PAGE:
News 451 views last update:6 Aug 2012

AFIA supports FDA salmonella compliance policy

The America Feed Industry Association (AFIA) filed comments December 31, 2010, supporting the Food and Drug Administration's (FDA) updated Compliance Policy Guide on Salmonella in animal feed.

The FDA created Compliance Policy Guides (CPGs) to direct field staff regulating compliance policy for animal feed or feed ingredients contaminated with Salmonella and for products which come into direct contact with humans, such as pet food.
AFIA members will be affected by these guidelines and applaud the agency for creating a scientifically-justified policy for Salmonella in feed, the organisation said in a statement.
Rare serotypes
Realizing this is a rare occurrence, AFIA also notes that the eight serotypes listed in the CPG are very rare in feed.
For the uncommon occurrences that have been documented by FDA, the most commonly occurring are not known to be animal health concerns.
FDA has rightly focused the CPG on the health concerns of animals given the lack of research data relating to Salmonella in feed and any human health concerns.
“For many years, AFIA has urged FDA to separate how the agency polices Salmonella in food and feed, and we applaud this separation. Now, Salmonella found in feed will not always be deemed adulterated, which is a break with the past and a good break,” said AFIA Vice President Richard Sellers.
Research coalition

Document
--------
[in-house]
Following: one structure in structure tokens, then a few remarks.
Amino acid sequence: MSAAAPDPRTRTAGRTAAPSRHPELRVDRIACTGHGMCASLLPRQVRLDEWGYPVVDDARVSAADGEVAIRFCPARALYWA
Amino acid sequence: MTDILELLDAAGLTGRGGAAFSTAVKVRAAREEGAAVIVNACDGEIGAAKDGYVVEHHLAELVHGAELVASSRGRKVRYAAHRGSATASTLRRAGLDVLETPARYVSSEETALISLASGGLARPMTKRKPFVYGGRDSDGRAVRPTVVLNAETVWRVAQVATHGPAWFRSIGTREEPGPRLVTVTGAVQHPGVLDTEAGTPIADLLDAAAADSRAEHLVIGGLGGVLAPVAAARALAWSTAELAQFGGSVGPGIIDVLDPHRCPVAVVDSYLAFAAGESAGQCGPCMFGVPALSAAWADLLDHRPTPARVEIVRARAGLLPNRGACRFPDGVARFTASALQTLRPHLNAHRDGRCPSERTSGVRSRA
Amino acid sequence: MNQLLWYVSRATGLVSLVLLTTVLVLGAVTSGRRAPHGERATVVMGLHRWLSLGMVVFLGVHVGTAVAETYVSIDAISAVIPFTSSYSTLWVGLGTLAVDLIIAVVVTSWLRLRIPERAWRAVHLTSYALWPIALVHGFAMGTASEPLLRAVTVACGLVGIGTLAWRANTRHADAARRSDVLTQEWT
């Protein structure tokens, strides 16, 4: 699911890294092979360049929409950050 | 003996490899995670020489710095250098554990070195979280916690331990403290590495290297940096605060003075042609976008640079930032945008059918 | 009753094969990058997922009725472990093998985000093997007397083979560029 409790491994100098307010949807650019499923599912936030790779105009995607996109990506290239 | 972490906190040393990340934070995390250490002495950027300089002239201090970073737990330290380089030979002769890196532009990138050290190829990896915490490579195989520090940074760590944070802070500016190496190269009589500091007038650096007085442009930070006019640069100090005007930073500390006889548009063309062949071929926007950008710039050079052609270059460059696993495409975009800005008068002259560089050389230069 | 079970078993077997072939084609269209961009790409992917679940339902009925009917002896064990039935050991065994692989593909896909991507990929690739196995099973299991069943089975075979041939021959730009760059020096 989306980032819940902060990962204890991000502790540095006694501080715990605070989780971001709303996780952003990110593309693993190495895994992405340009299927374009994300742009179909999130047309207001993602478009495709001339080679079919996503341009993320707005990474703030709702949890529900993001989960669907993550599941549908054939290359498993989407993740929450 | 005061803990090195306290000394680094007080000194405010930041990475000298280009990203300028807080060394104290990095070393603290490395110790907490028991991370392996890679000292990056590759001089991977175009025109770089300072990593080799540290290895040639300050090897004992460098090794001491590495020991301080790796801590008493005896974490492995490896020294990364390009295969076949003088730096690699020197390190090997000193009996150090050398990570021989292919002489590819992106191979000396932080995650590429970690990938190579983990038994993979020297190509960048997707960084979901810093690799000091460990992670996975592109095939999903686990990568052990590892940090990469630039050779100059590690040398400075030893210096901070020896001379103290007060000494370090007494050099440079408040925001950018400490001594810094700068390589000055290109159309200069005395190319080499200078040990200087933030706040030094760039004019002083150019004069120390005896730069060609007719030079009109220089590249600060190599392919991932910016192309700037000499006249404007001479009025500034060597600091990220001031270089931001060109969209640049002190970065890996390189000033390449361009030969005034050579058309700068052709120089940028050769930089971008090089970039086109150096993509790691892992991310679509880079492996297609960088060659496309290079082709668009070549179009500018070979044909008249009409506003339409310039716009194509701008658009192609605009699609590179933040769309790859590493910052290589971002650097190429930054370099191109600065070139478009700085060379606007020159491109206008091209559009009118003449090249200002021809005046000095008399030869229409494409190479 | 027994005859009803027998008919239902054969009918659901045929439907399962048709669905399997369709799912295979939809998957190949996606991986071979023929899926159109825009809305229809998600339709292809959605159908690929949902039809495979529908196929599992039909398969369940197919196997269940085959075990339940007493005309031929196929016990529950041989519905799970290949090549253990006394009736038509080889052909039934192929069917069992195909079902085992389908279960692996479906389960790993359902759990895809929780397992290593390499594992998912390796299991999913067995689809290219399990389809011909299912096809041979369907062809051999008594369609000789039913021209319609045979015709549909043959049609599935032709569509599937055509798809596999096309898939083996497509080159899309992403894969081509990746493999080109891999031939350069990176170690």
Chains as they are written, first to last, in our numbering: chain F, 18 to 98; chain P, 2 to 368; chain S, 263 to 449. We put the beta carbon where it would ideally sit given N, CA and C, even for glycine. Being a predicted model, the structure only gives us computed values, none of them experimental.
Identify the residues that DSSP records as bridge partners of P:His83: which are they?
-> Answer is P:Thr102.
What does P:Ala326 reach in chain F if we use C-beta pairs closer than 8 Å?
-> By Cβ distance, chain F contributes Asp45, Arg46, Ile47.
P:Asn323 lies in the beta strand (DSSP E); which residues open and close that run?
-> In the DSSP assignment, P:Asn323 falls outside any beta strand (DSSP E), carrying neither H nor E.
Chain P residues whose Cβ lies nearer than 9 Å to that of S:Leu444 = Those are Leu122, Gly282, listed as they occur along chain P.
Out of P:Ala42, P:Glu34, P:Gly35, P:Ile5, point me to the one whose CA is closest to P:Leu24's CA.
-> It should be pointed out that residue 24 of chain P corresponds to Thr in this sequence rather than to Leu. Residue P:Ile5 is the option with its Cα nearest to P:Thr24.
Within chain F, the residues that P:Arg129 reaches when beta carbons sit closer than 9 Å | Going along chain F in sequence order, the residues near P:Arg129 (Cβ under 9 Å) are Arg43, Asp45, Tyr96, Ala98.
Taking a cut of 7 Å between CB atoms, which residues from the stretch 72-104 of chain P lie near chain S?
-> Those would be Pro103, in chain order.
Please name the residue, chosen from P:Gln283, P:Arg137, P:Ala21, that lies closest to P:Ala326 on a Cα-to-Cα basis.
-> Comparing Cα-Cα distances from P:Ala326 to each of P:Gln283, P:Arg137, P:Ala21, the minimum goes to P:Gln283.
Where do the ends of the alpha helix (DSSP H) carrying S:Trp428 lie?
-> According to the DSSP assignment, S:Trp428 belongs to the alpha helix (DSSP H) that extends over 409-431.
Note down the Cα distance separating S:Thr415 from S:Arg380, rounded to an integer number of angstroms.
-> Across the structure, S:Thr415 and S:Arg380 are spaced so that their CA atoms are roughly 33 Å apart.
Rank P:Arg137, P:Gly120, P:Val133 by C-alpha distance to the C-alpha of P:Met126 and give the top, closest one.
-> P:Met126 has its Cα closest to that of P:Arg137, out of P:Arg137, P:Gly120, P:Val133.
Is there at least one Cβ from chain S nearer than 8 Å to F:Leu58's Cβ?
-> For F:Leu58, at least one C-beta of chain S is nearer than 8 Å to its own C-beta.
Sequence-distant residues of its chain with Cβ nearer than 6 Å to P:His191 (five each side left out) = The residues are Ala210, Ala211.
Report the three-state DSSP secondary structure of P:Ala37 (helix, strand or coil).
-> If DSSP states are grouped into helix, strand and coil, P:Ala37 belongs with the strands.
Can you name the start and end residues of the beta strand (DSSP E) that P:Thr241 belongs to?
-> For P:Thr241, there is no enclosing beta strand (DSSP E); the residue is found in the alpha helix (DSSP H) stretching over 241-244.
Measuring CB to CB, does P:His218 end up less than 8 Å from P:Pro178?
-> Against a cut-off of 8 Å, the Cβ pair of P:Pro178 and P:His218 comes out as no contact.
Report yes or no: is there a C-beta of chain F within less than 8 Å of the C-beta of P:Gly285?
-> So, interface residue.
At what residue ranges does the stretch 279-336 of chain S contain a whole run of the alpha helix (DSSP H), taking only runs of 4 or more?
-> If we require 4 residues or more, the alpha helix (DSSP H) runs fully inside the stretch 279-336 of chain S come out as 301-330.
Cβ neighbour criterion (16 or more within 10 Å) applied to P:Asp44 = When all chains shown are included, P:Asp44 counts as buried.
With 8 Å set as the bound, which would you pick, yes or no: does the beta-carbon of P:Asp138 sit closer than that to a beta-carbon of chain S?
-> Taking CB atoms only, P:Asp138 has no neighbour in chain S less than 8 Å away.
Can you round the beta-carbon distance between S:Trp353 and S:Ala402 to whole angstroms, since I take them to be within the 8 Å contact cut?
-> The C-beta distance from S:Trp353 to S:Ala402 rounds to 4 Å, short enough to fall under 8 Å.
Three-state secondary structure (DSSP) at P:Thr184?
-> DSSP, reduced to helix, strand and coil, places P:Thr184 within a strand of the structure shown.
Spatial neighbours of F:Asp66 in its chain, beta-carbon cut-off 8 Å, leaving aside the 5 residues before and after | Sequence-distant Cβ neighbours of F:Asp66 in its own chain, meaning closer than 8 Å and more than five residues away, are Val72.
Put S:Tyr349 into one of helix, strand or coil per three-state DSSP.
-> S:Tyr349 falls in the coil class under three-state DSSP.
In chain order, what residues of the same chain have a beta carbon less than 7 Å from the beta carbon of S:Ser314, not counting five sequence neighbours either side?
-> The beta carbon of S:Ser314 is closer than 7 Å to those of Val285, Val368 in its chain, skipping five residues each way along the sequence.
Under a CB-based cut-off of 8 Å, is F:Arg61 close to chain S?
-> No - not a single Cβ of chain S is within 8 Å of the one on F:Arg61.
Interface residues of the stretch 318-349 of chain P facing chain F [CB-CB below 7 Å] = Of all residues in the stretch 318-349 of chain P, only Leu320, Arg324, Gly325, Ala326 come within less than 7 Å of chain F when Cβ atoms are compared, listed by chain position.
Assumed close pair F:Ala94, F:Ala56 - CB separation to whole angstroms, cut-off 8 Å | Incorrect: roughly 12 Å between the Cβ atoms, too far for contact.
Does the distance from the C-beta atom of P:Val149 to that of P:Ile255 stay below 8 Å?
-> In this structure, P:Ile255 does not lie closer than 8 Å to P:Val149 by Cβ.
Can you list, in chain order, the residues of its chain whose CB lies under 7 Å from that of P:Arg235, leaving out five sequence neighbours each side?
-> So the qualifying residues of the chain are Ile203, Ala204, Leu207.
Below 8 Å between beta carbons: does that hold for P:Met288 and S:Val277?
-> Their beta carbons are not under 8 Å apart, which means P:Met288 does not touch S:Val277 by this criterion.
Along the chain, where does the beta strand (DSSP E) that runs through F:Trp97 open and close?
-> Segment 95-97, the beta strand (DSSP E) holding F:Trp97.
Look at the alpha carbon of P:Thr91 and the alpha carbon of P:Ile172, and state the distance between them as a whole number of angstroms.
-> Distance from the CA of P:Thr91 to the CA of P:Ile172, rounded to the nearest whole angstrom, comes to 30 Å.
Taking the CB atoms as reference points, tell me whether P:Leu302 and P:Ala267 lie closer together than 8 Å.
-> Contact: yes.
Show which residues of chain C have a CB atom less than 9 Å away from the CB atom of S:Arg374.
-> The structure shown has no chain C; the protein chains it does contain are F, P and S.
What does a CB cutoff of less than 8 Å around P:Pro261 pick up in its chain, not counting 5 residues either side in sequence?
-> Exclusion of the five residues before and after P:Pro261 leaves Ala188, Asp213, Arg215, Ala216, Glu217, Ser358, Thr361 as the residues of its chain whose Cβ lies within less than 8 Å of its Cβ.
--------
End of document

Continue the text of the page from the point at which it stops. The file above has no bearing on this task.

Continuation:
AFIA has initiated the Salmonella in Feed Research Coalition in conjunction with the USDA’s Agricultural Research Service (ARS).
The purpose of the Coalition is to define research priorities for Salmonella in feed and begin to map out research protocols at ARS facilities.
The first formal coalition meeting is tentatively scheduled for early 2011. Scientists from the Center for Veterinary Medicine’s Office of Research have been encouraged to participate as observers at the coalition meetings.
Non-realistic prohibition
Although several groups have commented that all Salmonella should be prohibited in feed, a number of scientists have professed to AFIA such a position is neither scientifically defensible, nor realistic.
There are currently no scientific data to justify a complete ban given the lack of data on infectious dose, types of serotypes appearing in feed, and the changing landscape of Salmonella on the farm.
AFIA believes that the proposed CPG is realistic, scientifically-based and takes into account the known research on the issue.
“We strongly support this CPG and urge FDA to issue and implement a final guidance as quickly as possible,” AFIA said in their statement.

Dick Ziggers

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